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British Politics 1763-1775

During the first eight years of King George III reign the British government had six ministries. British politics was in a state of chaos and political infighting between Whig groups disrupted colonial policy.

In the last years of King George II, Britain was unified under the leadership of William Pitt who had led Britain to war against the French in North America and India. The war had been costly and Britain was highly indebted however Pitt wanted to declare war on Spain before Spain attacked Britain. Not finding support among George III’s other ministers, Pitt resigned in May 1762. Pitt remained the strongest opponent to an American tax until the end of his days.

William Pitt was the strongest opponent in the British government to an American tax

John Stuart, 3rd Earl of Bute, served as Prime Minister until 1763 and resigned when facing opposition over an excise on cider. He was succeeded by George Grenville.

Grenville’s objective was to lighten the burden of debt on British citizens and concentrated his efforts on imposing taxes on Colonial America to pay for Britain’s escalating debt. He enforced previous duties such as the Molasses Act and Sugar Act and in 1765 unsuccessfully introduced the Stamp Act. The Stamp Act brought riots and boycott of British goods in America. The Act never took effect and was nullified the following year. Grenville resigned.

Grenville was succeeded by Charles Watson-Wentworth, Marquis of Rockingham in 1766. Under his leadership Parliament passed the Declaratory Act which asserted that parliament had the right to tax the colonies “in all cases whatsoever”. Unable to gather support and due to internal dissent within the cabinet, he had to resign. He was succeeded by William Pitt, Earl of Chatham, as Prime Minister.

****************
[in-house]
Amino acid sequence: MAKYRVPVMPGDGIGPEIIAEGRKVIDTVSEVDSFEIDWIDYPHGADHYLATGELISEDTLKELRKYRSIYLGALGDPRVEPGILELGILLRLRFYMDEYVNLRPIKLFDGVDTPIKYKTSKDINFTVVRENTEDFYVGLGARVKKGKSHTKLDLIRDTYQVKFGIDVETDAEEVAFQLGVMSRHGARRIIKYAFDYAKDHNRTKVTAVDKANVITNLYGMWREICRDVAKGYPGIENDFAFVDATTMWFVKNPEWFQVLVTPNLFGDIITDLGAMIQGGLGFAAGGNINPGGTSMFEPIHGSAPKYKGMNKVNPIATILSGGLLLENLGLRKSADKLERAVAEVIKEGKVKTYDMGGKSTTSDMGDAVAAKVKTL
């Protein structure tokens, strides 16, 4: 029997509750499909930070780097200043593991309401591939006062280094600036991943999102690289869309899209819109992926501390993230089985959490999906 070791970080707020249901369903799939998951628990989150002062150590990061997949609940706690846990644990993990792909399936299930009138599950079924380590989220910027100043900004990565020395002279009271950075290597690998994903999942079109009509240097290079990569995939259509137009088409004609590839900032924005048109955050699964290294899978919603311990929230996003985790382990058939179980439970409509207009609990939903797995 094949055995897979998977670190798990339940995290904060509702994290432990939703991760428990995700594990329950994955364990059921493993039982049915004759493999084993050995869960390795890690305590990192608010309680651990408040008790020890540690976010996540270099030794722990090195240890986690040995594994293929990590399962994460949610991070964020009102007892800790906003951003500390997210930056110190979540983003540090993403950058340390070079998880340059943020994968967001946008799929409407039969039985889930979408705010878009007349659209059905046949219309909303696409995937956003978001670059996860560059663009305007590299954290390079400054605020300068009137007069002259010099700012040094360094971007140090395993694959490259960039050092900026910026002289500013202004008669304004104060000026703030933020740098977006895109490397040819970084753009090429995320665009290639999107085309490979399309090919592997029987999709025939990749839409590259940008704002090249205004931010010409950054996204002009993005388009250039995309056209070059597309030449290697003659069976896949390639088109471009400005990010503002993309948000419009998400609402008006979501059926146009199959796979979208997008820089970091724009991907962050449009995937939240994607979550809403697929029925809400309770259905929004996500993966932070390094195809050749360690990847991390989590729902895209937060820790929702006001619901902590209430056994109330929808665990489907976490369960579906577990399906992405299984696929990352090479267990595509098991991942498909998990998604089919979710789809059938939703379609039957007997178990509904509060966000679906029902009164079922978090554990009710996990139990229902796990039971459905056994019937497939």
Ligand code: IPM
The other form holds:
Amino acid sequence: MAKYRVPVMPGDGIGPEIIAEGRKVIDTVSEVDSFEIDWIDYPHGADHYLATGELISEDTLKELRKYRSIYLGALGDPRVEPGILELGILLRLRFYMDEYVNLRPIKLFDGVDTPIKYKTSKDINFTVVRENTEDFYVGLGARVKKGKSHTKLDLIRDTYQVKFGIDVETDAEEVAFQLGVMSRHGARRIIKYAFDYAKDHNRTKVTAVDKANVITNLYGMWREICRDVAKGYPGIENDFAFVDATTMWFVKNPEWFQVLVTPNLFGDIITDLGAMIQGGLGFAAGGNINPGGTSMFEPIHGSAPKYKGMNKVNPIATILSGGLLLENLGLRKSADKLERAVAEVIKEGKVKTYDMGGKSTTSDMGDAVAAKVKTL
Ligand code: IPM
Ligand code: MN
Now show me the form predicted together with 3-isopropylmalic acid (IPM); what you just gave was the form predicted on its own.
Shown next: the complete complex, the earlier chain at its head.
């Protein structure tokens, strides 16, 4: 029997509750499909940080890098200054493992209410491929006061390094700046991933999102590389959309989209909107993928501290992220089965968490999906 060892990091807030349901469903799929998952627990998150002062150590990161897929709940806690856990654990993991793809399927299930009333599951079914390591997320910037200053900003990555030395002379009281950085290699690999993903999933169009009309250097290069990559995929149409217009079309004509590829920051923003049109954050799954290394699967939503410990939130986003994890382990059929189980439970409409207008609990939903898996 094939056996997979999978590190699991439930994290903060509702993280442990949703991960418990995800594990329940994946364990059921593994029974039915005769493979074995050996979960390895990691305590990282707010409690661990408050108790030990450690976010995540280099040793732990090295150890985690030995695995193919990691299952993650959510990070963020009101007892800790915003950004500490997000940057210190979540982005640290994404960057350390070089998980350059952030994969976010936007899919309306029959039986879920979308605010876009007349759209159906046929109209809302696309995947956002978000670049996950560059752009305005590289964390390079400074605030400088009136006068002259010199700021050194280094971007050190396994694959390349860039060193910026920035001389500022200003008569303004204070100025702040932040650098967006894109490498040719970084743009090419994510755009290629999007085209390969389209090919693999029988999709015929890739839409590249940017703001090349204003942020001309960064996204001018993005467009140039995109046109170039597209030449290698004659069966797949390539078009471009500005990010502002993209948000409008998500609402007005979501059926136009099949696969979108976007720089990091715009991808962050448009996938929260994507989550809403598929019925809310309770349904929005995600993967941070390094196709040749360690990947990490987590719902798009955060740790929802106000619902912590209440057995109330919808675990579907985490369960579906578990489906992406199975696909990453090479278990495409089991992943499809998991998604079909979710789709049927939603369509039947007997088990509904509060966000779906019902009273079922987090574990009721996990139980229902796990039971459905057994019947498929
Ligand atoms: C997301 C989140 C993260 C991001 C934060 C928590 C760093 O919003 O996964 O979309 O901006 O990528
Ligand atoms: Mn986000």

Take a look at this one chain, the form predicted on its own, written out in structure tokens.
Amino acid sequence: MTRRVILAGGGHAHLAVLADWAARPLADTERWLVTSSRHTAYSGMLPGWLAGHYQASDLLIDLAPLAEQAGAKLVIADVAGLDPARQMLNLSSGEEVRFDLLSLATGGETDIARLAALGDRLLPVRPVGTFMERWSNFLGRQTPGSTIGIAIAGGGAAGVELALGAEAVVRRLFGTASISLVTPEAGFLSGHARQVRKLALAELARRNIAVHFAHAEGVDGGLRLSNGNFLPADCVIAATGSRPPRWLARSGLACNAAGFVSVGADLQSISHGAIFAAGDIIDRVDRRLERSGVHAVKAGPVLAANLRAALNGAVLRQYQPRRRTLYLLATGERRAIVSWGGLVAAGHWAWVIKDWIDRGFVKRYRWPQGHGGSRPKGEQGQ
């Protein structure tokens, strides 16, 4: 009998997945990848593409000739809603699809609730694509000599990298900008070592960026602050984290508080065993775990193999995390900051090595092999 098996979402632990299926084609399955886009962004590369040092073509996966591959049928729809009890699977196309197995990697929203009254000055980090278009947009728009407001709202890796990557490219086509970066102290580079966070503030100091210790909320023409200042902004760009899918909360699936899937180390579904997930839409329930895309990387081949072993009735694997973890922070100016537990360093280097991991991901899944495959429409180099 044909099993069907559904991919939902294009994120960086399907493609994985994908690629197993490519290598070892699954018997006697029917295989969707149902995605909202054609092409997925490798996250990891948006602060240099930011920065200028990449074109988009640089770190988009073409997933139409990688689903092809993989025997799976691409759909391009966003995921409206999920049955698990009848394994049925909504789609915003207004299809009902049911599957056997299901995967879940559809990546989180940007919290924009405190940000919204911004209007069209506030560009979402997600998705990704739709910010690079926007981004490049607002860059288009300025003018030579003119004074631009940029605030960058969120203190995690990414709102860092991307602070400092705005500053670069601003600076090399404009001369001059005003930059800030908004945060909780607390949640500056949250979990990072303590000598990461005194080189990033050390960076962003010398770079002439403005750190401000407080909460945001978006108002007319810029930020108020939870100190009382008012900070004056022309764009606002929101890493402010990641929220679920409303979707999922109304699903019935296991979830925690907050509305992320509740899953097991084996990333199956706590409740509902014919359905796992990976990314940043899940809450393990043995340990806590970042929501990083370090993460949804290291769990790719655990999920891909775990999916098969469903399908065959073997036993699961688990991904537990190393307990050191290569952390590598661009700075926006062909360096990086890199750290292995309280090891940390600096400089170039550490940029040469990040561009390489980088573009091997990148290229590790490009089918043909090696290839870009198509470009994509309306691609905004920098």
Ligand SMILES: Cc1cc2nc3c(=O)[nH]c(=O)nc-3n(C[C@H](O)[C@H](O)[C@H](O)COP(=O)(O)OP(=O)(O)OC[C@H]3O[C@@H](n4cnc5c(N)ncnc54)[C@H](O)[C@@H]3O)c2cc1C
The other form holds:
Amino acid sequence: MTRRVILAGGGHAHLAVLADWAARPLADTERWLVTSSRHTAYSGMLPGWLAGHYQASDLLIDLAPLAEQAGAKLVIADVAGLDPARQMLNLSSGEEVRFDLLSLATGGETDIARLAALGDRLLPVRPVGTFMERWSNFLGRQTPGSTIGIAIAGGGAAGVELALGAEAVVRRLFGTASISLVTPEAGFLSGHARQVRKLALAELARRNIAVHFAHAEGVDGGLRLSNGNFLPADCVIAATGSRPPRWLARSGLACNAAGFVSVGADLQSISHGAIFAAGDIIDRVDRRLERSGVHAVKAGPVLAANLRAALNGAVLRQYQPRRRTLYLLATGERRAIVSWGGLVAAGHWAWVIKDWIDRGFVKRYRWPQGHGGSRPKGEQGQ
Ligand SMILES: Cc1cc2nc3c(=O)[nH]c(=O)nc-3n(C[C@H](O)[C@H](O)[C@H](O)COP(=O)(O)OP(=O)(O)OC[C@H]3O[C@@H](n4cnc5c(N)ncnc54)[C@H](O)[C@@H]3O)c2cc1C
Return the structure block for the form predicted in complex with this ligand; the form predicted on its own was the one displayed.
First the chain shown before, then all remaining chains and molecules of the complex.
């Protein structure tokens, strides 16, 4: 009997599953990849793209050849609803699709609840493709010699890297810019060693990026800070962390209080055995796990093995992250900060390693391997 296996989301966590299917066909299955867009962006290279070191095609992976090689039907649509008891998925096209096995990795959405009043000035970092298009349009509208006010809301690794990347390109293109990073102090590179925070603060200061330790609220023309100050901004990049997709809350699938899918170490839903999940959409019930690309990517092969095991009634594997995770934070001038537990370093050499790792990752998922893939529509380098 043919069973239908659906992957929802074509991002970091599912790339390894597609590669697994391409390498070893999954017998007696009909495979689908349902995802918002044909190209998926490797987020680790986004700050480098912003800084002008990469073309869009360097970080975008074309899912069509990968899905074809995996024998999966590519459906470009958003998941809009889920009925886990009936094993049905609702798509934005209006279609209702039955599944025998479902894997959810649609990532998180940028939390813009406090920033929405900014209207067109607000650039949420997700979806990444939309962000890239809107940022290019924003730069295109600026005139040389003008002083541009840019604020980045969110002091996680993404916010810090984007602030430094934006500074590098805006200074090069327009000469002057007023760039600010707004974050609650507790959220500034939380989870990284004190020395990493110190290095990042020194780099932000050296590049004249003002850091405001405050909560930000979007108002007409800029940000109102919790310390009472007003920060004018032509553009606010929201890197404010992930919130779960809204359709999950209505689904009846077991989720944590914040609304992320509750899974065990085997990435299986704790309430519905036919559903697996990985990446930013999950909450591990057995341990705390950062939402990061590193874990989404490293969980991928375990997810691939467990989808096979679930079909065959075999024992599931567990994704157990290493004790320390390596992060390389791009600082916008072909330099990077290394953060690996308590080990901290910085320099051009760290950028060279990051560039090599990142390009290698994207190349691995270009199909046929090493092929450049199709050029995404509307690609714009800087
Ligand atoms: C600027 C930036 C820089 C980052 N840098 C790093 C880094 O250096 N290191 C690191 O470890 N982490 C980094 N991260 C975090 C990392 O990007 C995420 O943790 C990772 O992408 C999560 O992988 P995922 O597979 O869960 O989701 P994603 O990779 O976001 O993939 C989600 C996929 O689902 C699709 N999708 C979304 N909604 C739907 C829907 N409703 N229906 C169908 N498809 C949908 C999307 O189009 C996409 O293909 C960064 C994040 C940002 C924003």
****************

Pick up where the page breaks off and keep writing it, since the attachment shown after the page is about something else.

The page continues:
William Pitt formed a new government with Charles Townshend as Chancellor of the Exchequer. In January 1767 Pitt’s health began to deteriorate, he remained prime minister but stayed secluded. Meanwhile Townshend imposed the Townshend Duties on the colonies which triggered riots and were withdrawn under colonial pressure in 1770. With a deteriorating health Pitt resigned in 1768 and August Henry FitzRoy, the Duke of Grafton, became the new Prime Minister.

Grafton’s government lasted until 1770, he was widely attacked for allowing France to annex Corsica and failed to step up to the challenges of Britain’s global dominance. Lord North took over the Prime Minister position in 1770. His government provided the first stable government since 1755 and led Britain through the American Revolutionary War. Tired of short lived administrations, Britons supported the North government and were determined to levy taxes on its American colonies.


Related Information


British view on colonial taxation

American view on colonial taxation


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